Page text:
Homily for the Solemnity of Corpus Christi Year C
Theme: BREAD OF LIFE
(CORPUS CHRISTI -BODY OF CHRIST)
By: Fr. Gerald M. Musa
Homily for Sunday, June 23 2019
A young man who had never read a Bible was taking a walk and saw a piece of paper on the ground. He picked the piece of paper and out of curiosity he was able to read what was written on the torn paper: “I am the bread of life.” He wondered what those words meant. He asked his friends to explain the meaning of the bread of life. One of his friends said to him “Those words must have come out of the Christian book. Do not read the book, otherwise, you will go astray.” The young man insisted, “I must read that book that has this lovely phrase.” He obtained a copy of the New Testament and saw where Jesus said, “I am the Bread of life.” He studied deeply what the bread of life means and later became a preacher who offered his listeners that Bread of life.
Every year, the Church sets aside a special day to reflect on the power of the Most Holy Body and Blood of Christ. In Latin, this day is called Dies Sanctissimi Corporis et Sanguinis Domini Iesu Christi (Day of the Most Holy Body and Blood of Jesus Christ the Lord). The three readings selected for Corpus Christi Sunday make reference to bread. In the first reading from Genesis, bread and wine is brought by Melchizedek; in the second reading from the First Letter to the Corinthians, Paul says, as often as you eat the bread and drink the cup you proclaim his death until he comes again; the gospel reading focuses on feeding the crowd with bread.
The Ordained Priest is in the order of Melchizedek because he offers bread and wine, like Melchizedek did. Melchizedek foreshadows the priesthood of Christ who is the High Priest of the new and eternal covenant and who is the king of Peace and Justice. Melchizedek fed and blessed Abram and that is the role of a priest – to serve and to bless. This was what Jesus did during his ministry – he fed the hungry with physical and spiritual food and blessed people who came to him.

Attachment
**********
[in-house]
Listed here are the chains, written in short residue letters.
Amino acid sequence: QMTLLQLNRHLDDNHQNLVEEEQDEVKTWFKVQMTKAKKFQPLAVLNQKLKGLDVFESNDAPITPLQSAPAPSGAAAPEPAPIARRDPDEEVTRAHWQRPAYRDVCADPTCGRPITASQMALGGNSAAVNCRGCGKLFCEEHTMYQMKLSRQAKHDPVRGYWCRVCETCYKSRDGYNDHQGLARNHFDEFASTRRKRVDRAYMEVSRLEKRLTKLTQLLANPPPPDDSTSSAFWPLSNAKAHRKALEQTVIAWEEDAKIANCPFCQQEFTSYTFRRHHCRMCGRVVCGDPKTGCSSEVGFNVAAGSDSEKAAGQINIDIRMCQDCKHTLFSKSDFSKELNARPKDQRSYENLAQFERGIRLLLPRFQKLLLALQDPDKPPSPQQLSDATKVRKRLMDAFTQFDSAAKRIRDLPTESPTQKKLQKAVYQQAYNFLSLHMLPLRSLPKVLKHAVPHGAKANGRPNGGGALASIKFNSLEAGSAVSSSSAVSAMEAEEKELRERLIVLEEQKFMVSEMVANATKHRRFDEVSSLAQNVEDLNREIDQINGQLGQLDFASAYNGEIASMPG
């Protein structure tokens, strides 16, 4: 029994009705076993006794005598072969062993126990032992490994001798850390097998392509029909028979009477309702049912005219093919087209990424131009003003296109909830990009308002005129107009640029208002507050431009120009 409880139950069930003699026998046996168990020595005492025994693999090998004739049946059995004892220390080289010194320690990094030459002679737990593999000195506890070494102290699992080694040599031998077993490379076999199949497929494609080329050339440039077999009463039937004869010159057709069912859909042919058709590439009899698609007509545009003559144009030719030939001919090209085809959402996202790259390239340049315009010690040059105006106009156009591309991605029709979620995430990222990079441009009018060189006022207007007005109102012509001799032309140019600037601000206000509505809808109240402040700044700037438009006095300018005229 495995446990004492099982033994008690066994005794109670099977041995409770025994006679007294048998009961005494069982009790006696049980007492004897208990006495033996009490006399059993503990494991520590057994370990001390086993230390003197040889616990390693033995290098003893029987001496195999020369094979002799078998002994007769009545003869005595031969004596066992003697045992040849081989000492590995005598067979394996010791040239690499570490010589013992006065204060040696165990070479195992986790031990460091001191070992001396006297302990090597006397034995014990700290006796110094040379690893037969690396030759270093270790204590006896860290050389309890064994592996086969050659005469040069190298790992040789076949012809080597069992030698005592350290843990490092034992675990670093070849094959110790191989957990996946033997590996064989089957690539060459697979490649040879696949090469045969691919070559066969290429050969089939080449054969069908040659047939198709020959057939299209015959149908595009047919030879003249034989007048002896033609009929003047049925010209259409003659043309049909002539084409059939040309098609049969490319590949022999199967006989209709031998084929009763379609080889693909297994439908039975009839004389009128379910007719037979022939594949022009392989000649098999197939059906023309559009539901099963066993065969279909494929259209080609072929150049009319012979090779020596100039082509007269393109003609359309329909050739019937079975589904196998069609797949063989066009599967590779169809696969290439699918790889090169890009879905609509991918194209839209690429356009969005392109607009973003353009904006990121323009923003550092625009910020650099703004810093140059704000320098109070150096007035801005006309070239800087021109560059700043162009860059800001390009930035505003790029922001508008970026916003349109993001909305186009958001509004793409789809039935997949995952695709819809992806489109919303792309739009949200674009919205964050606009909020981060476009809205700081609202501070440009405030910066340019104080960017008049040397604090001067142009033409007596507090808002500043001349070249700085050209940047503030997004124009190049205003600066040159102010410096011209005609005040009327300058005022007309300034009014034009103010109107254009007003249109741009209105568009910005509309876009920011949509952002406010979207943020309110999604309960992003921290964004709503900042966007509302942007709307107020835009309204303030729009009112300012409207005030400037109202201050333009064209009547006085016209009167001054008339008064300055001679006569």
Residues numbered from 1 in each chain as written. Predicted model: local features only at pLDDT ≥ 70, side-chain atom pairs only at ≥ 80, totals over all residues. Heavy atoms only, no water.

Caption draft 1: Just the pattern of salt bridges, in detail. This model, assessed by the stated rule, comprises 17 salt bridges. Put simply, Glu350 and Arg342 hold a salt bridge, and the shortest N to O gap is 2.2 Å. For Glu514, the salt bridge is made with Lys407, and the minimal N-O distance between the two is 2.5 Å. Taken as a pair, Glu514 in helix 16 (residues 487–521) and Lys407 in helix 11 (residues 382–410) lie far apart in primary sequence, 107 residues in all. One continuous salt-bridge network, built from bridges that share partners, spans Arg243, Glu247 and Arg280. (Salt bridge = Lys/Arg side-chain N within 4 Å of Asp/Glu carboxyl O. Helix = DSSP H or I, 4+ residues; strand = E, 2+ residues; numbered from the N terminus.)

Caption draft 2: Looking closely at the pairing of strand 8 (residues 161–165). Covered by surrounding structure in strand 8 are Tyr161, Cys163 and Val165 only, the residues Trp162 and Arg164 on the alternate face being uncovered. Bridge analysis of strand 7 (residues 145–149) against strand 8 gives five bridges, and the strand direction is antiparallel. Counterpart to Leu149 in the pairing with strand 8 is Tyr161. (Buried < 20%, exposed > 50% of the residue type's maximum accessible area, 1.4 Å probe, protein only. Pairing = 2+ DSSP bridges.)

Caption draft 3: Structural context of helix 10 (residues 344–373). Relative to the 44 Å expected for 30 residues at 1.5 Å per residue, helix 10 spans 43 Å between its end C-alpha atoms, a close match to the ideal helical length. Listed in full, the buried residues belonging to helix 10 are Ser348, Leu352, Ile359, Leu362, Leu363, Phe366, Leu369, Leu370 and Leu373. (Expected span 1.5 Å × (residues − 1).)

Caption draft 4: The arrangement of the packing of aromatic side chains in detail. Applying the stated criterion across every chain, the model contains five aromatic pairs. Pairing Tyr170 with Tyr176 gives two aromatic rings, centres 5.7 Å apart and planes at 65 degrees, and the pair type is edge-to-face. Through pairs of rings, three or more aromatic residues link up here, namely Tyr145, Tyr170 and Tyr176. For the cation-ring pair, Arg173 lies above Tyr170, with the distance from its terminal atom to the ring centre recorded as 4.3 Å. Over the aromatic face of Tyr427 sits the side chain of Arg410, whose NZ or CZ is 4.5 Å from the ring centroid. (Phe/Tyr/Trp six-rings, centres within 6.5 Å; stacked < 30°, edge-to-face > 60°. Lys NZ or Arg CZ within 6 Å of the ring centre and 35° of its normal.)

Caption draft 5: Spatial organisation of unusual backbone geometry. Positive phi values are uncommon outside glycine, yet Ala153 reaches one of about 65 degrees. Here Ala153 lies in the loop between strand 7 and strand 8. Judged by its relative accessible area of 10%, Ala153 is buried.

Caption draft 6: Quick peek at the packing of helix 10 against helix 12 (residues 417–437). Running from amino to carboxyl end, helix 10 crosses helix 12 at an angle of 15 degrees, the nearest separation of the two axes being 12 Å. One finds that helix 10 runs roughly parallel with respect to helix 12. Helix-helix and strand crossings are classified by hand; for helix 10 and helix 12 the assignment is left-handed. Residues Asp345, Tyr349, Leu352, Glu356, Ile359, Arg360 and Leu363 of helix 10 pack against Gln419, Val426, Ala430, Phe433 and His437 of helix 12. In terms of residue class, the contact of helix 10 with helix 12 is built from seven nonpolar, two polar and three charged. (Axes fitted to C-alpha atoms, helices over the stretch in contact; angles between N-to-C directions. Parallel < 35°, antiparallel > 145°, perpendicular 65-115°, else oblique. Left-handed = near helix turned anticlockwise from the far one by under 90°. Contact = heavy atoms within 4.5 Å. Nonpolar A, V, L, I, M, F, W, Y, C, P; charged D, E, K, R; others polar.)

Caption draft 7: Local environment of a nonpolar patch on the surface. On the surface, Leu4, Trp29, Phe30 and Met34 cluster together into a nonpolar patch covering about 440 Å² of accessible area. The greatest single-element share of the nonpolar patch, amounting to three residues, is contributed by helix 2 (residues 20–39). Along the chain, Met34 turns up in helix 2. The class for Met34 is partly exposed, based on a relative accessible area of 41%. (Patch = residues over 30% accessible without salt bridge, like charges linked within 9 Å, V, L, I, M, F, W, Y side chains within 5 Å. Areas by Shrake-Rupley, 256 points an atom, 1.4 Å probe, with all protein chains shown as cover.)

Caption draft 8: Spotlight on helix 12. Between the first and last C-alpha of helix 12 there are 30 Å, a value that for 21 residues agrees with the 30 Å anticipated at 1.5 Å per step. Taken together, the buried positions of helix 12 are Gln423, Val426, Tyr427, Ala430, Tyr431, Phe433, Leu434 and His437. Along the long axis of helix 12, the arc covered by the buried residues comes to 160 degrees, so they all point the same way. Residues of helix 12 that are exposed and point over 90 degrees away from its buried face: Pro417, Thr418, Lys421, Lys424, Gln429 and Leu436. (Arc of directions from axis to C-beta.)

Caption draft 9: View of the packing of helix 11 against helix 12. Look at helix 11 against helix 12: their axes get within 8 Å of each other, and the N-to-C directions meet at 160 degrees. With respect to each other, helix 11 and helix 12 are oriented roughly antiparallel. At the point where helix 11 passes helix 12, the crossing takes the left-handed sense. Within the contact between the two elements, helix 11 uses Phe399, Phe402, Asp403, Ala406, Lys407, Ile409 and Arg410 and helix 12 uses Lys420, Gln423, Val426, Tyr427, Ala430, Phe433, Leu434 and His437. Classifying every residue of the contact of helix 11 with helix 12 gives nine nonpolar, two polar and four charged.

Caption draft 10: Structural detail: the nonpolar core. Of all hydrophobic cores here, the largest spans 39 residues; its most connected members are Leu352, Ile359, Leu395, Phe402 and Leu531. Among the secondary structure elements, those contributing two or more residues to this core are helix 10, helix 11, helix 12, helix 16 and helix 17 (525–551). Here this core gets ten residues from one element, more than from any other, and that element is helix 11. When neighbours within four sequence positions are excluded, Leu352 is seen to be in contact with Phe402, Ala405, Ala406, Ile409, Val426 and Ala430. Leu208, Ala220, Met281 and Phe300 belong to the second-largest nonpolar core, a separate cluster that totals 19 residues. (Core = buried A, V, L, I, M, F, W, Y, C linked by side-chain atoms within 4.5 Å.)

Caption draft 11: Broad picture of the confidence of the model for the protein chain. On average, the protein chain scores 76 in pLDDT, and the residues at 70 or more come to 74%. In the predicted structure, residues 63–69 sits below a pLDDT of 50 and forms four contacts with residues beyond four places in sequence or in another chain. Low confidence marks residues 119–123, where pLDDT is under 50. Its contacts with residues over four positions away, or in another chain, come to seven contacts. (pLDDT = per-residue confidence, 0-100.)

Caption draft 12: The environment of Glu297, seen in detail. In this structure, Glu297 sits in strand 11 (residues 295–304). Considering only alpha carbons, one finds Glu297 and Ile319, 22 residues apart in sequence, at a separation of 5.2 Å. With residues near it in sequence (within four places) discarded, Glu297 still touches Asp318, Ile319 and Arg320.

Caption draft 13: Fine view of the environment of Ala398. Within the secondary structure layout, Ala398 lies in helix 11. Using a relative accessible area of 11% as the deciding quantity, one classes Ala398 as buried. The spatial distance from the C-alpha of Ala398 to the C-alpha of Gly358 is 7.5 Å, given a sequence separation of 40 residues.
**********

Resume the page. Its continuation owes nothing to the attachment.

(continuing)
As we celebrate Corpus Christi, we should remember that the Eucharist is an expression of gratitude to God (thanksgiving). The generous action of Abram who presents tithe to Melchizedek is a perfect example of thanksgiving to God. The gesture of Abram is very significant as he give glory to God for his victory.
As we celebrate Corpus Christi we must establish a relationship between Eucharist and our daily lives. Painunkar, a Jesuit priest comments on how our daily life can be disconnected from the Eucharist. He says:
“I saw read a cartoon with the following idea. The mother-in-law goes to the church in the morning. After attending the service and receiving the Holy Communion she comes back home, but on the way shouts at beggars, quarrels with neighbours and on reaching home, fights with her daughter-in-law. The point made is too easy to escape our attention. The Eucharist fails to make any change in the quality of her life and relationships. It has not touched her at all. If the Eucharist does not make any change in our lives, it has failed in its purpose.”
As we celebrate Corpus Christi let us learn from Jesus who fed the hungry. We also experience physical hunger that makes us want to eat and drink; we experience emotional hunger that makes us long for companionship and that keeps us constantly in touch with each other; we experience intellectual hunger that pushes us to study, learn and acquire some new knowledge. We experience spiritual hunger, which makes us to be hungry and thirsty for God and to long for the divine peace he offers us. Jesus was speaking about this spiritual hunger when he said: He said: “Blessed are those who hunger and thirst for righteousness” (Matthew 5:6).
As we celebrate Corpus Christi let us reflect on the words of Jesus to his disciples: “You give them something to eat” (Luke 9:13). Similarly, he challenges us not to think only about satisfying our hunger, but to think about how we can satisfy those who experience the emotional hunger of loneliness, the physical hunger caused by lack of food and malnutrition, the intellectual hunger of ignorance and those who experience the spiritual dryness, like the deer that yearns for running water, that they may also experience the depth of God’s love.
Genesis 14:18-20; Psalm 110; 1 Corinthians 11:23-26; Luke 9:11-17